Dartmoor through the Ages

The scheme is helping people to reveal how our ancestors lived and worked on Dartmoor. Projects involve people in research, archaeology and the conservation of some of our most important heritage assets.

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In the footsteps of the Victorians

This project will research the history of the Wray Valley and the surrounding area on the eastern edge of Dartmoor during the nineteenth and early twentieth century.

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Test Pitting April 16
Moor Medieval

A parish based project to develop understanding about medieval life and to explore the effect that early farming had on the landscape of Dartmoor over more than a thousand years.

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Unveiling the Bronze Age landscape of the High Moor and Forests

The project aims to improve understanding of and to promote the internationally important Bronze Age landscape on Dartmoor.

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Higher Uppacott
Higher Uppacott: A Dartmoor Longhouse

Higher Uppacott is a grade I listed longhouse with early - mid 14th century origins where the lower-end shippon remains intact. This designated heritage asset has international significance and is emblematic of Dartmoor’s medieval farming built heritage.

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Hameldon WWII Bomber Crash: Archaeological Survey

A project to investigate why an aircraft heading back from France to Lincolnshire in 1941 crashed on Dartmoor.

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Related Articles

Discovering the Dartmoor Story of Tinworking

DTRG volunteers have been working very hard on improvements to the Brimpts Tin Mines Trail and our project is going very well indeed!! Things are moving along very nicely, so well done to all! MTMTE funded 8 pop up display panels which were completed in June, and have been taken to seven events, and been seen by over 700 people! They are currently on display in our new display room at Brimpts Farm, which is bigger and brighter. The new room had been used as a store so the first job was to clear and empty it. Then we painted the new display stands, which on a hot day, was hard work for all who came along. Since then we have cleared vegetation from behind the room, finished the painting and it all looks very smart indeed! We have now got four models, three from Mike Wright and one from Chris Kelland, these provide a real focus to what is on display.

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Potter's Walk Improvements

Existing trails at Fernworthy Reservoir are being upgraded; which will allow access to some parts of the Lake to those who are less agile. Kit Hancock, South West Lakes Trust local Warden, visited Fernworthy last Friday to check the progress of the contractors, ‘Landmarc’, who are undertaking the work. Kit said, “It is great to see Potter’s Walk almost complete and usable again. This short, lakeside walk has always been popular with many people. Landmarc are a good company to have on the job as they have been only too willing to work with us and the Park to protect hut circles near the trail and keep things neat and tidy as they go, which will help the path naturalise quickly.” Looking ahead they will shortly be working on reinstating the permissive footpath through the felled woodland and woodland to the bird hide; then making the path and steps below the dam easier to negotiate. Apart from the odd stream crossing, boardwalk improvements and soft spot, everything else between the bird hide right round to the dam will be kept much as it is, making it easier to negotiate but without running a track right round. Potter’s Walk, which should be fully open in October, is a circular route of about ¾ of a mile, suitable for disabled users and those less agile. It has resting places and some slopes which some may require assistance. The walk is named after Sydney Potter who lived and worked at Fernworthy for over 50 years. More information about the project is available here Moor than meets the eye is also developing a Heritage Trails interactive web map to help visitors plan their visit to the moor. It will allow visitors to choose a route from a list or submit their own and will provide information about features of historic or wildlife importance.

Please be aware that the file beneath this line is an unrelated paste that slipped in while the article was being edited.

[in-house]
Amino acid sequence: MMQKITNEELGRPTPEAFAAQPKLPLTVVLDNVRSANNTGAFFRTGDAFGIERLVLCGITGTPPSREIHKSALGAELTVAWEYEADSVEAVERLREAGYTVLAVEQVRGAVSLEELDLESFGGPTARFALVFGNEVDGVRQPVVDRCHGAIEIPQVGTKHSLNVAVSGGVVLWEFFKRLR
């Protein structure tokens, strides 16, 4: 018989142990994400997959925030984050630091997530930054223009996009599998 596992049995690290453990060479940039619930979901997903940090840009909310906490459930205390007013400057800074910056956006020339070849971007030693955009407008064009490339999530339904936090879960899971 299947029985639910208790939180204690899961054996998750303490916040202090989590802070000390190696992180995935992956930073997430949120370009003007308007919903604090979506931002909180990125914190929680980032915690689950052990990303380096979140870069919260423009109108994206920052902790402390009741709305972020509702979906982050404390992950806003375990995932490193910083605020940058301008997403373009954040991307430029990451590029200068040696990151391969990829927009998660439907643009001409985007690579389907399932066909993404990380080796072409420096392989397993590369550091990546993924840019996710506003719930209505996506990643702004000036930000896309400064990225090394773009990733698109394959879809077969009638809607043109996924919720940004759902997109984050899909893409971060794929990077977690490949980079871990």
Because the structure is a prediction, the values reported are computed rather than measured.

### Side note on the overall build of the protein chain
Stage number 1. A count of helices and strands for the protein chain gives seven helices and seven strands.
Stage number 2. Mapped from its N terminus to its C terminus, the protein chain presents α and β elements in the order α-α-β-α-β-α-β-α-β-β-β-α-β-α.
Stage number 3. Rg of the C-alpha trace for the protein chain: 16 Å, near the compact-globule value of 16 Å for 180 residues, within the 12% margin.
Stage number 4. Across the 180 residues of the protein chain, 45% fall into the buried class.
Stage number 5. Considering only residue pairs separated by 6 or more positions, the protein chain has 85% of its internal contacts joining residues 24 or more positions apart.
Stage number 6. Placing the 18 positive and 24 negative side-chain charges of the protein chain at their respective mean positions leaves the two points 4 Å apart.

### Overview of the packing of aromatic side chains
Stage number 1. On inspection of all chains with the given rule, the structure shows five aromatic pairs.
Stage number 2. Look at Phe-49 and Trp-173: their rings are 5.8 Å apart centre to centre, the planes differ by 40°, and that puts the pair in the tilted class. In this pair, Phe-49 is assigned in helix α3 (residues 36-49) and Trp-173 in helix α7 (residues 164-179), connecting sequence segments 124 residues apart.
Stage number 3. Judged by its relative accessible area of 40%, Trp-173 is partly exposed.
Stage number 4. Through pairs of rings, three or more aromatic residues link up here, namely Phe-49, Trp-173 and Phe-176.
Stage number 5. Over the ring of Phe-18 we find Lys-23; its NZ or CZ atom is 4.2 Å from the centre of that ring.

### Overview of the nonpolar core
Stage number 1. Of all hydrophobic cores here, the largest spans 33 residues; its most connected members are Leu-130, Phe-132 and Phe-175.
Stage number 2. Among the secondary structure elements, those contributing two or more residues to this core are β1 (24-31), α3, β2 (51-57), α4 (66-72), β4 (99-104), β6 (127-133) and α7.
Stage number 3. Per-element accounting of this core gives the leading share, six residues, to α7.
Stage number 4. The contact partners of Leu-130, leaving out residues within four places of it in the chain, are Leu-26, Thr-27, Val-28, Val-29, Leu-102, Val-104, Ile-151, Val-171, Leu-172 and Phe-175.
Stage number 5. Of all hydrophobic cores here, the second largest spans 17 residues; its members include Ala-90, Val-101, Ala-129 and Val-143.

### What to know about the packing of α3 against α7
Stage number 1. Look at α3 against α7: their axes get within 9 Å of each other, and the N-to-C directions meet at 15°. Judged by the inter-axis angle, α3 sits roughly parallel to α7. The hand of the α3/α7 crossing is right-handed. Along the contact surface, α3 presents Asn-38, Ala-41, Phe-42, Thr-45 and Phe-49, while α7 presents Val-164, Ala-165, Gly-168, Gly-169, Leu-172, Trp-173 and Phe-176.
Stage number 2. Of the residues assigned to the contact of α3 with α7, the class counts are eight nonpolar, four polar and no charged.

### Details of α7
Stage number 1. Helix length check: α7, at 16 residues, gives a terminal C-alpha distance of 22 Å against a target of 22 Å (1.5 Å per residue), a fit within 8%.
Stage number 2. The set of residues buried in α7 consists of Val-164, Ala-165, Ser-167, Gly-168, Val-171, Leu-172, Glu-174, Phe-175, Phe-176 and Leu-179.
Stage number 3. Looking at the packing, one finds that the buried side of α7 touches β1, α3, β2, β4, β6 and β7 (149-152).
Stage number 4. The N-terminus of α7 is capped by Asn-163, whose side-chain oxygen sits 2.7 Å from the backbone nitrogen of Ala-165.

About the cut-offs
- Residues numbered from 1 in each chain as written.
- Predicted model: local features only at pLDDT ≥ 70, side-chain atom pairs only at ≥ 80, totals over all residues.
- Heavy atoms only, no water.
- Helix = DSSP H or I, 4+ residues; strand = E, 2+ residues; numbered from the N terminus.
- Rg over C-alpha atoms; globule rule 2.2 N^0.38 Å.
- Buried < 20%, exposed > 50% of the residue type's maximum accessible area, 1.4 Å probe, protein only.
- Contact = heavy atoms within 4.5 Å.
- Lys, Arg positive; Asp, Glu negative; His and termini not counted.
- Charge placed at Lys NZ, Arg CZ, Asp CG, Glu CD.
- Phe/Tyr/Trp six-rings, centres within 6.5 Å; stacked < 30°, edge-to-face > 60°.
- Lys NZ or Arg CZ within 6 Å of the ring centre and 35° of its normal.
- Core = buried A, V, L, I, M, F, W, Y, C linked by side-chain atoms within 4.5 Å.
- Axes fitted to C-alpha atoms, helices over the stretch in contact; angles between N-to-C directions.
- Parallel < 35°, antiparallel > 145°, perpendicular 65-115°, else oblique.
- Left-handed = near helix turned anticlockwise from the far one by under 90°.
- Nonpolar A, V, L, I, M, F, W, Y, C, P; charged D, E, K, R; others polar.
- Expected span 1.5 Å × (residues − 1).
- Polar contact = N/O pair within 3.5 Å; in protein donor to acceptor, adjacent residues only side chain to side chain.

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Celebration Event

Children from Ashburton and Moretonhampstead schools braved the elements on Tuesday to walk to one of Dartmoor’s finest beauty spots, Bonehill Rocks. They paraded banners and flags they had designed, inspired by the story of Dartmoor and their ancestors who farmed it.

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Last update: 25 Jan 2017 9:18am